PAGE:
Out-Law / Your Daily Need-To-Know

China passes personal data protection law

Out-Law News | 25 Aug 2021 | 1:44 am | 1 min. read

China has passed a new law on personal data protection which will take into effect on 1 November.

The Personal Information Protection Law (PIPL) lays out for the first time a comprehensive set of rules on data collection, processing and protection.

Under the law, personal information refers to all kinds of information relating to an identified or identifiable person, recorded electronically or by other means, excluding information that has been anonymised.

The law says that handling of personal information must have clear and reasonable purpose and should be limited to the "minimum scope necessary to achieve the goals of handling" data.

The consent of the individual should be obtained again if there is a change in the purpose of processing personal information, the manner of processing and the type of personal information to be processed.

Where personal information is processed based on the individual's consent, the individual has the right to withdraw their consent. Personal information should be kept for the minimum period of time necessary to achieve the purpose of processing.

The processor of personal information may only process sensitive personal information if there is a specific purpose and sufficient necessity with strict protection measures taken. Individual consent should be obtained from the individual for the processing of sensitive personal information.

Sensitive personal information includes information on biometrics, religious beliefs, specific identities, medical and health care, financial accounts, whereabouts, and personal information of minors under the age of 14.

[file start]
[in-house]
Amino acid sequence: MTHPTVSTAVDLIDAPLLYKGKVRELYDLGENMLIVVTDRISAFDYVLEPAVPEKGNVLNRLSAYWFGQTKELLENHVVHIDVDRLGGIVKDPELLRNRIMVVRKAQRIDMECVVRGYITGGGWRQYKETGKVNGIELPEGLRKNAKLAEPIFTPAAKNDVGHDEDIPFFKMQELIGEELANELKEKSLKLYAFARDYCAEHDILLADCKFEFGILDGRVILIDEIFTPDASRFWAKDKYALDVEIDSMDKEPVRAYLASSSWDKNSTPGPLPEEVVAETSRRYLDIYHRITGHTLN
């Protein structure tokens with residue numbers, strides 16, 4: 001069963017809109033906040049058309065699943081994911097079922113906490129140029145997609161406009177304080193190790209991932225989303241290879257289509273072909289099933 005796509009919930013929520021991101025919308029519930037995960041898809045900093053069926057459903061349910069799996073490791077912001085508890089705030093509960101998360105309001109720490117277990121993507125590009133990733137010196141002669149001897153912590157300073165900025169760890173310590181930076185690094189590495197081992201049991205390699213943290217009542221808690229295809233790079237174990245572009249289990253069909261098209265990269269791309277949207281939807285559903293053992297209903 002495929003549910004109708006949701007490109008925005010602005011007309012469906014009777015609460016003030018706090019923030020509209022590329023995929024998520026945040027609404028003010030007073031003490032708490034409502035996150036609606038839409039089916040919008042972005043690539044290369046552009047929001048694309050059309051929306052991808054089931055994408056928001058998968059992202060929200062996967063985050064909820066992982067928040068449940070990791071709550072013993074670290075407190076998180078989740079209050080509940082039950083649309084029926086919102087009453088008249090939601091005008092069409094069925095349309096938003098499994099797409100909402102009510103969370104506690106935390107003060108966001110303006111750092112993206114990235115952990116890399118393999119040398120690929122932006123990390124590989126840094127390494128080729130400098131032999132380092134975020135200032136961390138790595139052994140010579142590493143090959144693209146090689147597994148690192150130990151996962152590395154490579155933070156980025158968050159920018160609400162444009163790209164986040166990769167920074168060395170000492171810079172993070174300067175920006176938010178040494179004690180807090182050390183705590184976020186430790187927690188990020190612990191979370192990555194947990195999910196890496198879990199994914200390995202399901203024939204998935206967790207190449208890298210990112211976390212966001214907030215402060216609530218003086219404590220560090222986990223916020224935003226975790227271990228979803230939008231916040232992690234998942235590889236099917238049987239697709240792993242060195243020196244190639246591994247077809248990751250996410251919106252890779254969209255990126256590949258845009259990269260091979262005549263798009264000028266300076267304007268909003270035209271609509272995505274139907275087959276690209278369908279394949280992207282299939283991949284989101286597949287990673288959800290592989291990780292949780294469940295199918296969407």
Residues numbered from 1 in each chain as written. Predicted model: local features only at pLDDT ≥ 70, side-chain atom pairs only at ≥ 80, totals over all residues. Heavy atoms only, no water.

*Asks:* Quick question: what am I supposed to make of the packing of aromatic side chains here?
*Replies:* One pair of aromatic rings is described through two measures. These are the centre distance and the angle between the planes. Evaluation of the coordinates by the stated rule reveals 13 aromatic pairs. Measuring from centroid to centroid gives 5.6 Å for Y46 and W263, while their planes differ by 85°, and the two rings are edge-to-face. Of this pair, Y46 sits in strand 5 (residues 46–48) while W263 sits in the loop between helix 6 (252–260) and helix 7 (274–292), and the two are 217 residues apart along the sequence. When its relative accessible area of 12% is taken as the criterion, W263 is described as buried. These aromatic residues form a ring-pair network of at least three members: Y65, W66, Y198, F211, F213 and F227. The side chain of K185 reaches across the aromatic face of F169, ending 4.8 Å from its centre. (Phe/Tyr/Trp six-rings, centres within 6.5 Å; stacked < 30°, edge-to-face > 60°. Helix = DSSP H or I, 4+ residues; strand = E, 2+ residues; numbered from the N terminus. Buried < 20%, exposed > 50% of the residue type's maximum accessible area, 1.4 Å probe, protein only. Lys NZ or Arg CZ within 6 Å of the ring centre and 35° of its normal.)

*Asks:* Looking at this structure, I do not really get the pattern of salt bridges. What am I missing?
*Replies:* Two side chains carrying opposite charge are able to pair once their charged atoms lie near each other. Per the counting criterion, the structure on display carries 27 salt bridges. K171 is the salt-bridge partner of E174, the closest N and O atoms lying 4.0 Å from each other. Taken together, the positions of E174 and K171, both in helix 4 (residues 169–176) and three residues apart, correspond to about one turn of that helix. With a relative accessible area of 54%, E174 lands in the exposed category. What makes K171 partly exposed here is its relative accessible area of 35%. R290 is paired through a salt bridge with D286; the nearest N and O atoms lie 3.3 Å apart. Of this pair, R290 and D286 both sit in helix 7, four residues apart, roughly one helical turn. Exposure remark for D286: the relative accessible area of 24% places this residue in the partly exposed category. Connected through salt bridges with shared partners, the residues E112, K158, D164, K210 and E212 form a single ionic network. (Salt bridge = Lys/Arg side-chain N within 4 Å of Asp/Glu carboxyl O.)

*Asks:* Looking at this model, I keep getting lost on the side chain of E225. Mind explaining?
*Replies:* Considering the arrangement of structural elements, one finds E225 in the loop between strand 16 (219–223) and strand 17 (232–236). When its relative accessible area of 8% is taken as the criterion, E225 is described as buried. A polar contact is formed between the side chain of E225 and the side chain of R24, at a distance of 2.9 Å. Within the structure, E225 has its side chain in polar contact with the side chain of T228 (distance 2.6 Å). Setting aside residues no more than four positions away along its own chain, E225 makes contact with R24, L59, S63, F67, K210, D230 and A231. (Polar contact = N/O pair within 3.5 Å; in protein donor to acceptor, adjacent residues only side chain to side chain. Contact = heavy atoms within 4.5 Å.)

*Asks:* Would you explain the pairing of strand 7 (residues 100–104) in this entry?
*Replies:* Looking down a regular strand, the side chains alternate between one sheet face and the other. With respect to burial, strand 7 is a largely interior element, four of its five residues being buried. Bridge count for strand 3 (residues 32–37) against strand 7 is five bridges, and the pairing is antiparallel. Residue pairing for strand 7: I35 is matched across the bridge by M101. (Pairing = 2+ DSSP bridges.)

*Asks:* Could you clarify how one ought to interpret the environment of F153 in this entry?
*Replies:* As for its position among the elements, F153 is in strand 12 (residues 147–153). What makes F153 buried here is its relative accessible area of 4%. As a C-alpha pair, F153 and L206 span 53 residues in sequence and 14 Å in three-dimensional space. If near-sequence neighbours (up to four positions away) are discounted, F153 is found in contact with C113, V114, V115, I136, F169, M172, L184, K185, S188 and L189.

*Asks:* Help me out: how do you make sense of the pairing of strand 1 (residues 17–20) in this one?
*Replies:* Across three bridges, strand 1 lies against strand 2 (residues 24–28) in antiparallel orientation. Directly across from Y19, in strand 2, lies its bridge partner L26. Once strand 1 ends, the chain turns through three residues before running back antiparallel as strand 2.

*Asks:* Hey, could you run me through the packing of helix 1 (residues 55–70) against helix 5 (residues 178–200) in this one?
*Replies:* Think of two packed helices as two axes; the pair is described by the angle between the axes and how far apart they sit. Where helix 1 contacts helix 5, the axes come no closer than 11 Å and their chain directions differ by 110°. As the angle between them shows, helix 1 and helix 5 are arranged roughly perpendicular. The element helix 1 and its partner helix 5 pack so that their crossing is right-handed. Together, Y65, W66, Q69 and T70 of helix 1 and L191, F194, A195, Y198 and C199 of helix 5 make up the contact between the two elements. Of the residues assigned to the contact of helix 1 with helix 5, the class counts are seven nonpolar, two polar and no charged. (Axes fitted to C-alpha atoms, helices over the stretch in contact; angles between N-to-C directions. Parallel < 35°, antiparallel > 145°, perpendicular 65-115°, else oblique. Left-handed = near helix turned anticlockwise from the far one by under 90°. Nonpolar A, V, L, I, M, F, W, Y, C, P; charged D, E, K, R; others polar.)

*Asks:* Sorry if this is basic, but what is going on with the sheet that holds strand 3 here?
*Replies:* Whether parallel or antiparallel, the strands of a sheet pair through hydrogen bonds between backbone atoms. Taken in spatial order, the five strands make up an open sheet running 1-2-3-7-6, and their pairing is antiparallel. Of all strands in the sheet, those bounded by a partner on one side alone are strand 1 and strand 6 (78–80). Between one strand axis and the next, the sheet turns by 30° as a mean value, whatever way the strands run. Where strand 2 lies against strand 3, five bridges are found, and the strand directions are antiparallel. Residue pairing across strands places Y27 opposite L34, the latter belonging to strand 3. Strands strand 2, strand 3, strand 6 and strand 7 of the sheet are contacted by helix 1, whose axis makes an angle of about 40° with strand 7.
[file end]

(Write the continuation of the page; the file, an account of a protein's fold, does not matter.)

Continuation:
Under the law, when pushing information and commercial marketing to individuals via automated decision-making, personal information processors should provide options that don't target personal characteristics at the same time or offer options to refuse.

The law also requires suspension or termination of services for applications that illegally process personal data.

The second draft of the PIPL was released publicly in April and the first draft was released in October 2020.

Leo Xin of Pinsent Masons, the law firm behind Out-Law, said: “The Personal Information Protection Law (PIPL) is a milestone in China’s data protection legal landscape. For multinationals, special attention shall be given to the rules on transfer of data out of China under Chapter 3 of the PIPL.”

“However, there are still certain areas which remain unclear and require detailed implementation rules, such as how the security assessment should be handled, what the model clauses for data transfer formulated by the China Cyberspace Administration look like, what approval procedure shall be went through in case there is request for personal information by overseas judicial organs or law enforcement agencies,” he said.

“It is advisable for multinationals to start to evaluate the potential impact of the new law on its IT infrastructure as well as data processing activities as early as possible,” Leo said.